An appeals court in New York [official website] on Wednesday granted a law license [opinion] to an immigrant who was brought to the US illegally as a child. Cesar Vargas was brought to the US from Mexico by his mother when he was 5 years old. He attended college and law school in New York City and passed the bar exam. Vargas is eligible to work in the US under the federal Deferred Action for Childhood Arrivals (DACA) program that gives work status and defers deportation action for some immigrants. The court determined that it had “no legal impediment or rational basis for withholding the privilege of practicing law in the state of New York from undocumented immigrants who have been granted DACA relief.” Vargas, and many other activists who push for changes to immigration laws, view this decision as a major advance in immigrants’ rights.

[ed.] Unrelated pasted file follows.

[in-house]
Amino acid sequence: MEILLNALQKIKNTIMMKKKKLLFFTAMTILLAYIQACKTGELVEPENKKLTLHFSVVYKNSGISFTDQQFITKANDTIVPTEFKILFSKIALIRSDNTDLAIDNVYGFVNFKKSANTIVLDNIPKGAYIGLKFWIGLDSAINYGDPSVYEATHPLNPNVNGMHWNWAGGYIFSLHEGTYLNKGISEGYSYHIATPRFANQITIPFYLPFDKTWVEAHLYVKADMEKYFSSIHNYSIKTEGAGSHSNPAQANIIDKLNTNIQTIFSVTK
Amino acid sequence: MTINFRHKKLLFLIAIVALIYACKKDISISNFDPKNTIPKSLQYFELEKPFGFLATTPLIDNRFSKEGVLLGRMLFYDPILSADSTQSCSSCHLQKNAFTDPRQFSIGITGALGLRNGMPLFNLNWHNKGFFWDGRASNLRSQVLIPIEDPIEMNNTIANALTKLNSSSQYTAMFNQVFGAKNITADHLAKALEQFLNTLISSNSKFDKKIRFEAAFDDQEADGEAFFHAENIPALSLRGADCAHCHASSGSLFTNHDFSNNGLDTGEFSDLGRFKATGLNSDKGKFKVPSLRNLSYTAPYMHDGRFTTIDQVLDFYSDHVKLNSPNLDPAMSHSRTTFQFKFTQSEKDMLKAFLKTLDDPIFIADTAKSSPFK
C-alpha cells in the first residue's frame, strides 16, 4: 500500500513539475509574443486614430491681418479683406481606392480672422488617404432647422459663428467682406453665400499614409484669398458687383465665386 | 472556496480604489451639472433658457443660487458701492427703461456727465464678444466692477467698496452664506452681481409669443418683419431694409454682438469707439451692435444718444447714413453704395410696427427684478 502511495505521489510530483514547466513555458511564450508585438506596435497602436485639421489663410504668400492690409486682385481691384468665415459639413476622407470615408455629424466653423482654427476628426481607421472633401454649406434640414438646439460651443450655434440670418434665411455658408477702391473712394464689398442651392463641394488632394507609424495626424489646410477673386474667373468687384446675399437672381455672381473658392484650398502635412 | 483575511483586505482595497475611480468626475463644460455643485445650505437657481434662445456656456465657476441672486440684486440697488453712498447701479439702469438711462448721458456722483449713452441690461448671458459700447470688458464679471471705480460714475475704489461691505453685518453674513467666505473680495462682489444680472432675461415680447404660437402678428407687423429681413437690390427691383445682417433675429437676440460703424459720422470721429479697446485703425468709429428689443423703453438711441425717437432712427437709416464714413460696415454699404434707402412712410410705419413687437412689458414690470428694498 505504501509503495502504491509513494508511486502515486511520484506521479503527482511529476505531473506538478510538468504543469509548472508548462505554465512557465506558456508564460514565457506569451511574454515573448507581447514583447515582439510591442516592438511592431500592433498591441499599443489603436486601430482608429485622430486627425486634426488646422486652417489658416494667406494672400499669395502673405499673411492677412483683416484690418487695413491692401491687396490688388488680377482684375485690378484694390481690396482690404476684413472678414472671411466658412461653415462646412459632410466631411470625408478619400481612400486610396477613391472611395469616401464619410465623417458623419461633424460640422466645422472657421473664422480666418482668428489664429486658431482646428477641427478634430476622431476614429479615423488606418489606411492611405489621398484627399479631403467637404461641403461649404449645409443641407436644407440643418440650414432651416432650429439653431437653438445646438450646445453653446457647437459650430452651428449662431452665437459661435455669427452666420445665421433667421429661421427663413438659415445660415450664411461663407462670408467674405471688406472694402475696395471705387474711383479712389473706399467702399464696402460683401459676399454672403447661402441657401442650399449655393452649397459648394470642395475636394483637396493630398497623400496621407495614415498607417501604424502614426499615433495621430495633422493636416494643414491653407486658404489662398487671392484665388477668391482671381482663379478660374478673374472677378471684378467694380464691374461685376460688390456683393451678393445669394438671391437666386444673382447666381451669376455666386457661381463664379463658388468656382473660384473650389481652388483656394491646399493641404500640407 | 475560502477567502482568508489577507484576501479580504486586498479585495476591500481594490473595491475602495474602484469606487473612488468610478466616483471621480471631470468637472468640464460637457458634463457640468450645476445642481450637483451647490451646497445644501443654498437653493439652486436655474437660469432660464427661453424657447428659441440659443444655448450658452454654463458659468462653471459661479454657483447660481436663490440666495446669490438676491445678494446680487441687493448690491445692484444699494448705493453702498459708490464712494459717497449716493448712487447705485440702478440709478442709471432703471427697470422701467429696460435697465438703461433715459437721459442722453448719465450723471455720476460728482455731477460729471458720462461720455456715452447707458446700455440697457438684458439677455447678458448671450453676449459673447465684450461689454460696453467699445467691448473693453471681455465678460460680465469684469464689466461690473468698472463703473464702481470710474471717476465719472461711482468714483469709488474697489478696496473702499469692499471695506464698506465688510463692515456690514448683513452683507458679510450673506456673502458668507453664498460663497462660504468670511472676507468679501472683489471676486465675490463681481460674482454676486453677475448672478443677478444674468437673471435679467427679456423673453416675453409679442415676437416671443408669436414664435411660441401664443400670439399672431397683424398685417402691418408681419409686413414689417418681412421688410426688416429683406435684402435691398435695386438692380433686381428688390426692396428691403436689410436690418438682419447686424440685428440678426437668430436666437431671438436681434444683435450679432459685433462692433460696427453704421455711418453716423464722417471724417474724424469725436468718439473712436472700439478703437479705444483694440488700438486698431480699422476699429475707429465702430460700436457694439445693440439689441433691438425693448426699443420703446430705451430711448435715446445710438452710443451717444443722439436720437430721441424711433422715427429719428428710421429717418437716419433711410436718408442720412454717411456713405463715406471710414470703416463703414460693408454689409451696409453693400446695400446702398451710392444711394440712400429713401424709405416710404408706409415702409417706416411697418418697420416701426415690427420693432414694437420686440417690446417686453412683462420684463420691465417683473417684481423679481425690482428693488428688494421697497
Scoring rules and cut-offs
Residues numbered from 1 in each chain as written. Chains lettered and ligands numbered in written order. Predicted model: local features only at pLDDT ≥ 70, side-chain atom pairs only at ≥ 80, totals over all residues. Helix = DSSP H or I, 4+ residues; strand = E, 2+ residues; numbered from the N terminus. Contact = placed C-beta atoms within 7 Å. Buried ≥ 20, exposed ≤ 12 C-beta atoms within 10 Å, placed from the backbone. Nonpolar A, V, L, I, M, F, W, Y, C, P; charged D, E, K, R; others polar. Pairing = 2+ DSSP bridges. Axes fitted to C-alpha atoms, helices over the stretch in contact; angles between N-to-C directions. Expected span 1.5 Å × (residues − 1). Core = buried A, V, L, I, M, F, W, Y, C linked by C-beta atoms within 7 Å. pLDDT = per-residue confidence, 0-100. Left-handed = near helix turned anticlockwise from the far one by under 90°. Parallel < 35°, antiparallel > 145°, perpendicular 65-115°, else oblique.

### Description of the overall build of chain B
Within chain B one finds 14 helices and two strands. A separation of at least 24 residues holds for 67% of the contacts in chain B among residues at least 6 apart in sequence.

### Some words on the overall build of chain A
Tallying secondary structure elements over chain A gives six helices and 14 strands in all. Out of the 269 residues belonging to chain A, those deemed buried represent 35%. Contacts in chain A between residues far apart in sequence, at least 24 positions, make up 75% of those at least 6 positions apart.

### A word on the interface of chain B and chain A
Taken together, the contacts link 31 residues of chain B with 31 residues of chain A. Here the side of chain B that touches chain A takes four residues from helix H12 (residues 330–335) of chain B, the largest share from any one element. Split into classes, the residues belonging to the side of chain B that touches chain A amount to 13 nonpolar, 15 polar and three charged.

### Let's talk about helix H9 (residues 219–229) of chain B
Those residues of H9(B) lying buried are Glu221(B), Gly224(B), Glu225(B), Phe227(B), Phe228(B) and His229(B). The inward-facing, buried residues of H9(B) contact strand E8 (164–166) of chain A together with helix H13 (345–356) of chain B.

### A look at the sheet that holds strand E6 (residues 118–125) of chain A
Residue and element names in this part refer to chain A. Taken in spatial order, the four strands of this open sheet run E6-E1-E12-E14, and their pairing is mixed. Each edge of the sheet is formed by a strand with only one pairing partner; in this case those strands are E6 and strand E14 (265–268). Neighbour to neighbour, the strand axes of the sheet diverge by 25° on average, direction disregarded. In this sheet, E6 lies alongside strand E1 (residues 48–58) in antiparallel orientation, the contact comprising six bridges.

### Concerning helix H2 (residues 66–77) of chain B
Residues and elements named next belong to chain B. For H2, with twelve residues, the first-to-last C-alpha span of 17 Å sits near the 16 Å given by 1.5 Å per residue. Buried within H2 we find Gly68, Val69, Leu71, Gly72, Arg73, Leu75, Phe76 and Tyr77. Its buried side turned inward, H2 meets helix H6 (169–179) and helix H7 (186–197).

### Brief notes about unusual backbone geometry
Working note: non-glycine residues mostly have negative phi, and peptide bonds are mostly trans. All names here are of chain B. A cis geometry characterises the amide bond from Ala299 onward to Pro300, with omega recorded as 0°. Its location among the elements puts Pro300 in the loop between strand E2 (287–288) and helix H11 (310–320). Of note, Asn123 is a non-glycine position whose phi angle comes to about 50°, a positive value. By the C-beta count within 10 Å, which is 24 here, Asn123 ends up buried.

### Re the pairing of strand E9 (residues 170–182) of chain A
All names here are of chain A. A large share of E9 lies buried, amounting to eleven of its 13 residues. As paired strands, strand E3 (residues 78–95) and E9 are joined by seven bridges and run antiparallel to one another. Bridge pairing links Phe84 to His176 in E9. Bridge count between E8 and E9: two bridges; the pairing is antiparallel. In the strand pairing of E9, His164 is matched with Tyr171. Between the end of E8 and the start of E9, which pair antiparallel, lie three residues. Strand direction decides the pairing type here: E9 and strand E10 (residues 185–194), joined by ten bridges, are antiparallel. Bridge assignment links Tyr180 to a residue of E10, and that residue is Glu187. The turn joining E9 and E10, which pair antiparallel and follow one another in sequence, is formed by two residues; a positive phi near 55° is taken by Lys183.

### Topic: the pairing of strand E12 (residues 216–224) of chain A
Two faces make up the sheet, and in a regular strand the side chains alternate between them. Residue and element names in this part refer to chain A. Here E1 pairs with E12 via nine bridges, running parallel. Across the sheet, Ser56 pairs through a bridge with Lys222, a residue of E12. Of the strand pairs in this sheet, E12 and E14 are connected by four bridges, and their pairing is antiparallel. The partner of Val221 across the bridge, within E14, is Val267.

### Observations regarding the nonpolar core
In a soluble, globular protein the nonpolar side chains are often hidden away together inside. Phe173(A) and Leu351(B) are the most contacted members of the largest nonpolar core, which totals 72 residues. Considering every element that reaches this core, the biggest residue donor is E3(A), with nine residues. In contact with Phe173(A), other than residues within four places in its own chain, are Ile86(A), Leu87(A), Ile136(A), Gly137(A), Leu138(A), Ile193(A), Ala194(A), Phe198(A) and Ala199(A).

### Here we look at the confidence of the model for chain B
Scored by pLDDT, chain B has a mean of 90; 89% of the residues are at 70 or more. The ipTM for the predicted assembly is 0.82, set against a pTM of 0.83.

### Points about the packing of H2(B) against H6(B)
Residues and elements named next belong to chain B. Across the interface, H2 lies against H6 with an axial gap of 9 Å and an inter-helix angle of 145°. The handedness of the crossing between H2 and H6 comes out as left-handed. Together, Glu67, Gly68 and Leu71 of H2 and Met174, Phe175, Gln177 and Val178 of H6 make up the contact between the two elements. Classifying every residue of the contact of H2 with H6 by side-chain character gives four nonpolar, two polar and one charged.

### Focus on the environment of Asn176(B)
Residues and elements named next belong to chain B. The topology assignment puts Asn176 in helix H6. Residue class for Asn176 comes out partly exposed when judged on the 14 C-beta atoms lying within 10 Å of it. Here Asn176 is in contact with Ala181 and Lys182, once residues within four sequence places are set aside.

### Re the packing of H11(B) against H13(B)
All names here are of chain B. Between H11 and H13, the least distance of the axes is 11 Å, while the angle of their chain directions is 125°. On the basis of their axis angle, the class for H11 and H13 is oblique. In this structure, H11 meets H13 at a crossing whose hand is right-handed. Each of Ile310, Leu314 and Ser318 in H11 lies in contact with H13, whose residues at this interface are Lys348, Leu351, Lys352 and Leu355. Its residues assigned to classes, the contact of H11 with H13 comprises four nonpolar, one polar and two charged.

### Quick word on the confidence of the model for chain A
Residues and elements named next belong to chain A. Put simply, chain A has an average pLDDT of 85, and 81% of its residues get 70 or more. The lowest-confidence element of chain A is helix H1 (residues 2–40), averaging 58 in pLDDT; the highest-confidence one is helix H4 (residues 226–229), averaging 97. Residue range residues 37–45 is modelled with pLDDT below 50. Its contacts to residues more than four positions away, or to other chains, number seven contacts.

US immigration law [JURIST backgrounder] continues to be a controversial issue, especially in dealing with undocumented immigrants. In January 2014 the California Supreme Court granted a law license [JURIST report] to Sergio Garcia, who came to the country from Mexico as a teenager. That ruling came after California passed a law allowing immigrants in the country without legal documentation to get a law license. A couple of months later, Florida’s state Supreme Court ruled [JURIST report] that Tampa Immigrant Jose Godinez-Samperio, and other immigrants in the country illegally, could not be given law licenses to practice in the state. Also in 2014 a New Jersey governor signed [JURIST report] a bill allowing undocumented immigrants to claim in-state tuition. In November 2013 the mayor of Washington, DC, signed [JURIST report] a bill allowing driver’s licenses for undocumented immigrants. In April 2013 Oregon’s governor signed a bill [JURIST report] allowing undocumented immigrants to attend public universities at the same tuition rate as in-state residents. In March of that year a judge for the US District Court for the Northern District of Georgia permanently blocked [JURIST report] a key provision in Georgia’s immigration law that criminalized knowingly transporting or harboring an undocumented immigrant during the course of any other crime.